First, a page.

Bill Murray has offered the Doobie Brothers the ''least offensive'' shirts in his golf apparel line.

The veteran rockers threatened to take action against the 'Groundhog Day' star for allegedly using their song 'Listen to the Music' without permission in adverts for his William Murray range, with their attorney, Peter Paterno, sending a funny letter last week, in which he claimed there would be no major objection if the garments weren't ''so damn ugly''.

And now Bill's own lawyer has responded, in an equally funny letter which made a number of references to Doobie Brothers songs.

Attorney Alexander Yoffe, of Yoffe & Cooper, wrote: ''First, I would like to compliment you on finding levity in the law at a time when the world and this country certainly could use a laugh. Your client's demand was able to cut through the noise of the news cycle and remind us how much we all miss live music these days.

''We would also like to confirm that both our firm, and the good folks at William Murray Golf, are indeed fans of the Doobie Brothers' music, which is why we appreciate your firm's choice of 'Takin' It to the Streets,' rather than to the courts, which are already overburdened 'Minute by Minute' with real problems.

Alexander then expressed his concern at the ''disconcerting'' comments about the ''fashionableness'' of the clothing line.

He added in the letter: ''Especially considering 75% of my wardrobe consists of William Murray polos, shorts and pants.''

The attorney then urged everyone to relax and ''unwind'' together and celebrate the fact they were both representing ''world-class entertainers''.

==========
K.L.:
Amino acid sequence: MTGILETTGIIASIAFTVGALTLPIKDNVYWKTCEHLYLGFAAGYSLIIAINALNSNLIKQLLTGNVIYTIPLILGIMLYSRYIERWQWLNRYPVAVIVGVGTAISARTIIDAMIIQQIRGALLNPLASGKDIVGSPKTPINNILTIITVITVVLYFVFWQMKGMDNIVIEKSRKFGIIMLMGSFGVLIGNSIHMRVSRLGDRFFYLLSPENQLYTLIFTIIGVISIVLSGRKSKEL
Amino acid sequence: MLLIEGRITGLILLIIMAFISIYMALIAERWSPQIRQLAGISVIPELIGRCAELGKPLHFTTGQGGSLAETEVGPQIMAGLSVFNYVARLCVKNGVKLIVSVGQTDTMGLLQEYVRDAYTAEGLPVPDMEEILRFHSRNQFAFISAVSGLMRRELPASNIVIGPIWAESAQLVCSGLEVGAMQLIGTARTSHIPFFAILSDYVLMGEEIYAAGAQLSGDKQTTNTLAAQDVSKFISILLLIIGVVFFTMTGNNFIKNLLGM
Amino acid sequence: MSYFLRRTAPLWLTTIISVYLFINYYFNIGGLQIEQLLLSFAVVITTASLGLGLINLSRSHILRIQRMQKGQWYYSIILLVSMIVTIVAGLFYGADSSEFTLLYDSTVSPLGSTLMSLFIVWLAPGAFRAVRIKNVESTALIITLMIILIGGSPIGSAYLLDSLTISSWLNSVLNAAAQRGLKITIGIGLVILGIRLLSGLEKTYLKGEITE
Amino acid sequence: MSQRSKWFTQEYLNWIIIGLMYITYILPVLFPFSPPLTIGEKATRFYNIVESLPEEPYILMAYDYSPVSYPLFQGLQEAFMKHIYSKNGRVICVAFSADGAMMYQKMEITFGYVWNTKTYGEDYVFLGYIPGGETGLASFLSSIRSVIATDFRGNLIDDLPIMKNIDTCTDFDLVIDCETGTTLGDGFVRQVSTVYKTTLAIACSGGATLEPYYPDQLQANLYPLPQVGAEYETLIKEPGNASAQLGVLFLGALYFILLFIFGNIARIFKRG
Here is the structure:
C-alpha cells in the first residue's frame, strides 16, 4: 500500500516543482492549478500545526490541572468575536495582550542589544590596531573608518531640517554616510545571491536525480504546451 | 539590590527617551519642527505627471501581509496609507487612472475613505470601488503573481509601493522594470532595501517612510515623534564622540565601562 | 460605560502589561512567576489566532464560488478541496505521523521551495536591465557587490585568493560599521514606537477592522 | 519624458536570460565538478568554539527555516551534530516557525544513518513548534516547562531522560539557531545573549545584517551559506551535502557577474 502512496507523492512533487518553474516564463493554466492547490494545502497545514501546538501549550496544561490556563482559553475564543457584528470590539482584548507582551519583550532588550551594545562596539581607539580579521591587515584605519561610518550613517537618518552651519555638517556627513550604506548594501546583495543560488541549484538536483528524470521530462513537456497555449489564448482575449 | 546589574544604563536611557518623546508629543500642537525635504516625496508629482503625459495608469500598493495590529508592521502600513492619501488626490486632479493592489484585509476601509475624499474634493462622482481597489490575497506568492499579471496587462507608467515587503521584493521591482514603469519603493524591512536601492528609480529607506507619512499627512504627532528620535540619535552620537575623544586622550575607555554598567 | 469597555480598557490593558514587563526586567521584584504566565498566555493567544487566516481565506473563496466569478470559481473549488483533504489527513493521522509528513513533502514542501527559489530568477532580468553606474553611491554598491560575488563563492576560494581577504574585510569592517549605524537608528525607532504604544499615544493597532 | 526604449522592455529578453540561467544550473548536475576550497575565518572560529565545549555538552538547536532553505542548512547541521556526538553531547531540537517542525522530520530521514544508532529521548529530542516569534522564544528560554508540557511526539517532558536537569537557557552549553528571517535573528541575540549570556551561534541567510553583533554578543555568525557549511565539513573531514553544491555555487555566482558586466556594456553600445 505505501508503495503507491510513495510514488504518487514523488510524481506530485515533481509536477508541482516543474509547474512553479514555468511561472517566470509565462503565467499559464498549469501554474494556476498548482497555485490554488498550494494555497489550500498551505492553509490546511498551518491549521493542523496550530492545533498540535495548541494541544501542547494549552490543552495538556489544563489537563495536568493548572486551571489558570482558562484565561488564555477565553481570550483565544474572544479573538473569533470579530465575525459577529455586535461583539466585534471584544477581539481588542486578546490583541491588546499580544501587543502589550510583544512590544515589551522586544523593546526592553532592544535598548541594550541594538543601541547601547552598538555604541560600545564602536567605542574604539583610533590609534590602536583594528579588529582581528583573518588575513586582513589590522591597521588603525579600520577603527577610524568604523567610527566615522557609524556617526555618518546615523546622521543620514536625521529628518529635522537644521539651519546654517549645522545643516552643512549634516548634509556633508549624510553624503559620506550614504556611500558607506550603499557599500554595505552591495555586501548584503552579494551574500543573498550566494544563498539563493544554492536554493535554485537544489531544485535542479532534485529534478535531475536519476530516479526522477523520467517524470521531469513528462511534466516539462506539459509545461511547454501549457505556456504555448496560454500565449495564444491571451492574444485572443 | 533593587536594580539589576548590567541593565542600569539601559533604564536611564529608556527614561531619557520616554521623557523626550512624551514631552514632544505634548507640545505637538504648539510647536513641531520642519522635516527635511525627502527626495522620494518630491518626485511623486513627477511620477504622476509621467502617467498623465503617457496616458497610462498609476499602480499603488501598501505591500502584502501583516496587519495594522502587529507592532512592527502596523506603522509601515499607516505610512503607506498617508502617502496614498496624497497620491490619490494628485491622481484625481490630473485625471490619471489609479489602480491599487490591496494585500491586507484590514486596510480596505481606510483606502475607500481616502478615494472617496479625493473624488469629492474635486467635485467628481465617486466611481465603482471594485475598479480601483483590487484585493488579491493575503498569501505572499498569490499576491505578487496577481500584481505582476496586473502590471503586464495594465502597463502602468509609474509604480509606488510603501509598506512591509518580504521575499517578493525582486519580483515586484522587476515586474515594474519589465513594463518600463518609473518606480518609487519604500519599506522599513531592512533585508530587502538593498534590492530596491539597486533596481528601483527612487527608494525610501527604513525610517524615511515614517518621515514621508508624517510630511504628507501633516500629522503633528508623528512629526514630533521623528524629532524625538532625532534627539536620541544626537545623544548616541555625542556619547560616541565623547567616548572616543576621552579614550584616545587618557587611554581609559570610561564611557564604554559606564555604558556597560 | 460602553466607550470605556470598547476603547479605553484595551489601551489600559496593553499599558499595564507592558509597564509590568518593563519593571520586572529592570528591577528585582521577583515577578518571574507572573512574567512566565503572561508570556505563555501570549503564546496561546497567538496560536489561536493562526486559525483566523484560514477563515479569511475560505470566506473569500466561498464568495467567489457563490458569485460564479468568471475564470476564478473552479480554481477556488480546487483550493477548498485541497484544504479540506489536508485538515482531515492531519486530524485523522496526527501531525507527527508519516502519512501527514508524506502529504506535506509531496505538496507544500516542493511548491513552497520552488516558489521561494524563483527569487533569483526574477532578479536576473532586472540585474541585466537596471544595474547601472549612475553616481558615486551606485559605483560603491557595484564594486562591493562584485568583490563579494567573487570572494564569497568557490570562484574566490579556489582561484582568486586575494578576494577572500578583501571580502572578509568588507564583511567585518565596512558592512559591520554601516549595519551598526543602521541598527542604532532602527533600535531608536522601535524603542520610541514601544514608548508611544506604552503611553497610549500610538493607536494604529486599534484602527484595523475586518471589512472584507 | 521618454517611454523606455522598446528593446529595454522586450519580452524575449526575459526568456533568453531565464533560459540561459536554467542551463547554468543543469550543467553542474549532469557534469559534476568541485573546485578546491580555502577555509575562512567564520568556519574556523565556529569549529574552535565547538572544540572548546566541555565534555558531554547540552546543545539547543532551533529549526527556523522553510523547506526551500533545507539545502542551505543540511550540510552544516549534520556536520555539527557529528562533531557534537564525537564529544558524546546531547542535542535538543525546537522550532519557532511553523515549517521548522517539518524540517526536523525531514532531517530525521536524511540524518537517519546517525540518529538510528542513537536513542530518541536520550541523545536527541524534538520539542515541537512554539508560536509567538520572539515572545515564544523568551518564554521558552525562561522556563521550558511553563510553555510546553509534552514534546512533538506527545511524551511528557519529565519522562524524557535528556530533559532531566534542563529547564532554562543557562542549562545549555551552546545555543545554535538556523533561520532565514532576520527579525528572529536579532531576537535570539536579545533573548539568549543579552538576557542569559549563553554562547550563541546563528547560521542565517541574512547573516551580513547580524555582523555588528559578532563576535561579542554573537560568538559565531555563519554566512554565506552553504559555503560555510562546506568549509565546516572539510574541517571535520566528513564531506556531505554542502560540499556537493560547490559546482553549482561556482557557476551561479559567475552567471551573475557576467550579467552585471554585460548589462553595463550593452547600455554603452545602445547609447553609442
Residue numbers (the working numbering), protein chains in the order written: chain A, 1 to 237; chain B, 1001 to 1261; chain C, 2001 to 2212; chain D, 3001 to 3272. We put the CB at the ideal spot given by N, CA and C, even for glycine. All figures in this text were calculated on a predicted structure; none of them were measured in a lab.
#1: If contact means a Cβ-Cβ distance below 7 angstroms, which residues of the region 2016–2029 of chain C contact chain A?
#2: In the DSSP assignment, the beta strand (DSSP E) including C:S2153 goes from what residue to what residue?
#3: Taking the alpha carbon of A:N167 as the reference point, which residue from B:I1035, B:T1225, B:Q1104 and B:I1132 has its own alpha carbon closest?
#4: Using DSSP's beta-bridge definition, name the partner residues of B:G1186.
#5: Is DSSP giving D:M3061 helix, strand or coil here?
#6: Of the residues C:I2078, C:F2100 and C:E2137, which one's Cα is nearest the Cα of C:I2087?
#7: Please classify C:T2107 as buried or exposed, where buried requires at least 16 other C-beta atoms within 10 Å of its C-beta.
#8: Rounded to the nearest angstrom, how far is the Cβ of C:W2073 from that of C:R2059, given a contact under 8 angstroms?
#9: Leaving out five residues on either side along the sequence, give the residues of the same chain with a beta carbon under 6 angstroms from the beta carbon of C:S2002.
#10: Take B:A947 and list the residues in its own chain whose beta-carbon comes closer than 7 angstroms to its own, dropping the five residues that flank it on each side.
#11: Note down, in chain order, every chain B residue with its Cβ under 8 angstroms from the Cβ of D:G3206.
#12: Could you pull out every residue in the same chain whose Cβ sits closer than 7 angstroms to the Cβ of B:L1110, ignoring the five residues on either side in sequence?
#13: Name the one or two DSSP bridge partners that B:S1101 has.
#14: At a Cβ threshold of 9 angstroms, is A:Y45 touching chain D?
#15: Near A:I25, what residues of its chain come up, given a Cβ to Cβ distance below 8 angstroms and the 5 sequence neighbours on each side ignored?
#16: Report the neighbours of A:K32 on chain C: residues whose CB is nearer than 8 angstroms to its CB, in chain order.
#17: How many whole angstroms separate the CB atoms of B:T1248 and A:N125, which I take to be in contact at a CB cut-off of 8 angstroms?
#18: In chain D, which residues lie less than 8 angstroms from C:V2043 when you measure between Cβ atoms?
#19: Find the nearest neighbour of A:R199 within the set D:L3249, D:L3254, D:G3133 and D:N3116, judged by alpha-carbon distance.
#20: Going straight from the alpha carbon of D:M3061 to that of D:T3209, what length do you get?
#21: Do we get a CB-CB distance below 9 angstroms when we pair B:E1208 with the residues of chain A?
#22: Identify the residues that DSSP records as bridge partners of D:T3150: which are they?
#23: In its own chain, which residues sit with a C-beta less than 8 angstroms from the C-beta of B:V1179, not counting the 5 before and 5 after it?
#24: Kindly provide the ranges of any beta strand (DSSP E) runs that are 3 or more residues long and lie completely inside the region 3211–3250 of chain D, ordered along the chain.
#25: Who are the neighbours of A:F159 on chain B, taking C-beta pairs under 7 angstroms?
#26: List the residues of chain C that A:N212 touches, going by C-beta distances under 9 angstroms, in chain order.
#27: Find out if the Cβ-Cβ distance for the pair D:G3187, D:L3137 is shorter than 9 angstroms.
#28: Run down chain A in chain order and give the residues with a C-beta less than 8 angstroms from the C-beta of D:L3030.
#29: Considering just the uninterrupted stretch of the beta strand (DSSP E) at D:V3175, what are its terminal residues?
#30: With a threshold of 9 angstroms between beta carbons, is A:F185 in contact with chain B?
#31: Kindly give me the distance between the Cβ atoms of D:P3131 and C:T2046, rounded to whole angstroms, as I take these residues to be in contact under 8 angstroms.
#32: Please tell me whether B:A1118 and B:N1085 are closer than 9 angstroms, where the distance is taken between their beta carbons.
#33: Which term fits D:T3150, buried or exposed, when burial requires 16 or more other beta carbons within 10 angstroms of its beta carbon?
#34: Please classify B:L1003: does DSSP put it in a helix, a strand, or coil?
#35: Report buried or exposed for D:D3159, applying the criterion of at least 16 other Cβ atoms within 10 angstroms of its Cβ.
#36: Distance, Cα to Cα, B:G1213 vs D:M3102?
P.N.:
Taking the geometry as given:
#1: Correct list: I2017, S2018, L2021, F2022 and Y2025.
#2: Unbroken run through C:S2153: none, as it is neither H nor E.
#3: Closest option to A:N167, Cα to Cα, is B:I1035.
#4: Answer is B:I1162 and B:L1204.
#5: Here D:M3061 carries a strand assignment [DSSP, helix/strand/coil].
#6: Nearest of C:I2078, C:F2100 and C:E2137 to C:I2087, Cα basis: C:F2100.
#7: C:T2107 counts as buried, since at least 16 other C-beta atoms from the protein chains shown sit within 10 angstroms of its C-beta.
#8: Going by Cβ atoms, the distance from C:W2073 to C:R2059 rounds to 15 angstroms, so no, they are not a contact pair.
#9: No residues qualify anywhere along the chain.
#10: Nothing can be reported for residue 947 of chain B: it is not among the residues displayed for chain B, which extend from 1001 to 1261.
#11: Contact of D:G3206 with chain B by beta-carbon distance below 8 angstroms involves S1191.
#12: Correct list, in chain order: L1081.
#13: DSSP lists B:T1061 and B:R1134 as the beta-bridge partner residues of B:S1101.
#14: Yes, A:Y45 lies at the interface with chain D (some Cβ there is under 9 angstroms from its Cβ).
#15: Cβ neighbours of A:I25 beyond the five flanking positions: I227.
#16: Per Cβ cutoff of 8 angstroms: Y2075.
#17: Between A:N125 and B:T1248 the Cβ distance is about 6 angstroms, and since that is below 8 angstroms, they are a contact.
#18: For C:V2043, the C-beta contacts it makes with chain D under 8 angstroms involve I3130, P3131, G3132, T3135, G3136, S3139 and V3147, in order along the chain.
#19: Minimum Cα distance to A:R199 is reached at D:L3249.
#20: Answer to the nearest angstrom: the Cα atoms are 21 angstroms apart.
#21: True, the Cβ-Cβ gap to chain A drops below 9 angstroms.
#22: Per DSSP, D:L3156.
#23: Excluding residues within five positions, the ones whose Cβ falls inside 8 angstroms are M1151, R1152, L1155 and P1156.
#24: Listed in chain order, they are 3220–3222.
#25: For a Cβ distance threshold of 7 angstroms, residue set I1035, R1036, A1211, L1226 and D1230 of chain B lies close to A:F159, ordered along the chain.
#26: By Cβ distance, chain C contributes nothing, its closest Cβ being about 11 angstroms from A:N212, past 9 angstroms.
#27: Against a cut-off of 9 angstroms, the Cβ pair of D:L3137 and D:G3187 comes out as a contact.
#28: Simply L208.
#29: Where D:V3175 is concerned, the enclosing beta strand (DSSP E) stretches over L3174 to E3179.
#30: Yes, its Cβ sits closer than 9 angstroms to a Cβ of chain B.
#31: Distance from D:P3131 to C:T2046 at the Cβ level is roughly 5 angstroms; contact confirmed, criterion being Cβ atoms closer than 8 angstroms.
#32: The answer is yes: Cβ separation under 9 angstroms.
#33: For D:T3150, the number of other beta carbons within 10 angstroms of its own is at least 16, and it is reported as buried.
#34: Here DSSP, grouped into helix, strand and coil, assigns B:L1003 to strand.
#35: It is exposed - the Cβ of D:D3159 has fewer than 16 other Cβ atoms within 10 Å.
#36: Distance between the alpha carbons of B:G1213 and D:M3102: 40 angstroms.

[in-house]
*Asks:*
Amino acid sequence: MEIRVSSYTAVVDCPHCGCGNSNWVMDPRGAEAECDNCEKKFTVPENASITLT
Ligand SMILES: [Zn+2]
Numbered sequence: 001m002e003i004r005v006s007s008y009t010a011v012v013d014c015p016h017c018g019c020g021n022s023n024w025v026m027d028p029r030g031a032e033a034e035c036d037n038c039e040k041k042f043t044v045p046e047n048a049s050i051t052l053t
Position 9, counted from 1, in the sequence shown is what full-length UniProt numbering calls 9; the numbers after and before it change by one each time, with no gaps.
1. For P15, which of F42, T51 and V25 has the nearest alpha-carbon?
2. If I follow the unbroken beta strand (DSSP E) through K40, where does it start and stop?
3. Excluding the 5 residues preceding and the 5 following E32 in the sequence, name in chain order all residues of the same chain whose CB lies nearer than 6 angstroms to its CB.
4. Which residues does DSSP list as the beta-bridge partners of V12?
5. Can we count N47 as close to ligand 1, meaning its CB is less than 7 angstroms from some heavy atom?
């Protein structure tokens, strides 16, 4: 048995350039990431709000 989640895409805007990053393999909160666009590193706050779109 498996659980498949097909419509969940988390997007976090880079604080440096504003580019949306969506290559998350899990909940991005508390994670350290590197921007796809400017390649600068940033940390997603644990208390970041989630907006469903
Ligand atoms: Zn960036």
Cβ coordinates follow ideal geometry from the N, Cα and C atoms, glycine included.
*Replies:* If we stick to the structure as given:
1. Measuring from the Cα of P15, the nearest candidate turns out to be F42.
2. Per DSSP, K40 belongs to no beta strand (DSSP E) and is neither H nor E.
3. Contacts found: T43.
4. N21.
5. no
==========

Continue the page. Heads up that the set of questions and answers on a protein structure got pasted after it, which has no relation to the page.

He wrote: ''In the immortal words of Mr. Murray - the more relaxed you are, the better you are at everything... so let's pour one up and unwind with a listen of the recently-released 'Quadio' box set and plan to cross paths at a Doobie Brothers' 50th anniversary show in 2021 when some level of normalcy resumes.

''As your client so aptly stated in this classic song in question, 'What the people need is a way to make them smile' -- which both Bill and the Doobies have been doing for decades, as world-class entertainers.''

And the lawyer closed the response by offering to send William Murray apparel to the Doobie Brothers and their legal representatives.

He wrote: ''Please provide us with the shirt size for yourself, Tom Johnston, Patrick Simmons, Michael McDonald and John McFee, along with which of our client's shirts you find the least offensive

''We will happily upgrade your wardrobes and hopefully win each of you over as new fans of the brand. At least that's 'what this fool believes'.''

In the initial letter sent to Bill, Peter suggested the actor rebrand his company in light of his alleged actions.

He wrote: ''It's a fine song. I know you agree because you keep using it in ads for your Zero Hucks Given golf shirts.

''However, given that you haven't paid to use it, maybe you should change the company name to 'Zero Bucks Given.'

And the lawyer even suggested Bill faces ''eternal damnation'' for his 'Garfield' movies and branded his golfwear ''so damn ugly''.

The letter continued: ''This is the part where I'm supposed to cite the United States Copyright Act, excoriate you for not complying with some subparagraph that I'm too lazy to look up and threaten you with eternal damnation for doing so.

''But you already earned that with those 'Garfield' movies. And you already know you can't use music in ads without paying for it. We'd almost be OK with it if the shirts weren't so damn ugly. But it is what it is.

''So in the immortal words of Jean Paul Sartre, 'Au revoir Golfer. Et payez!'''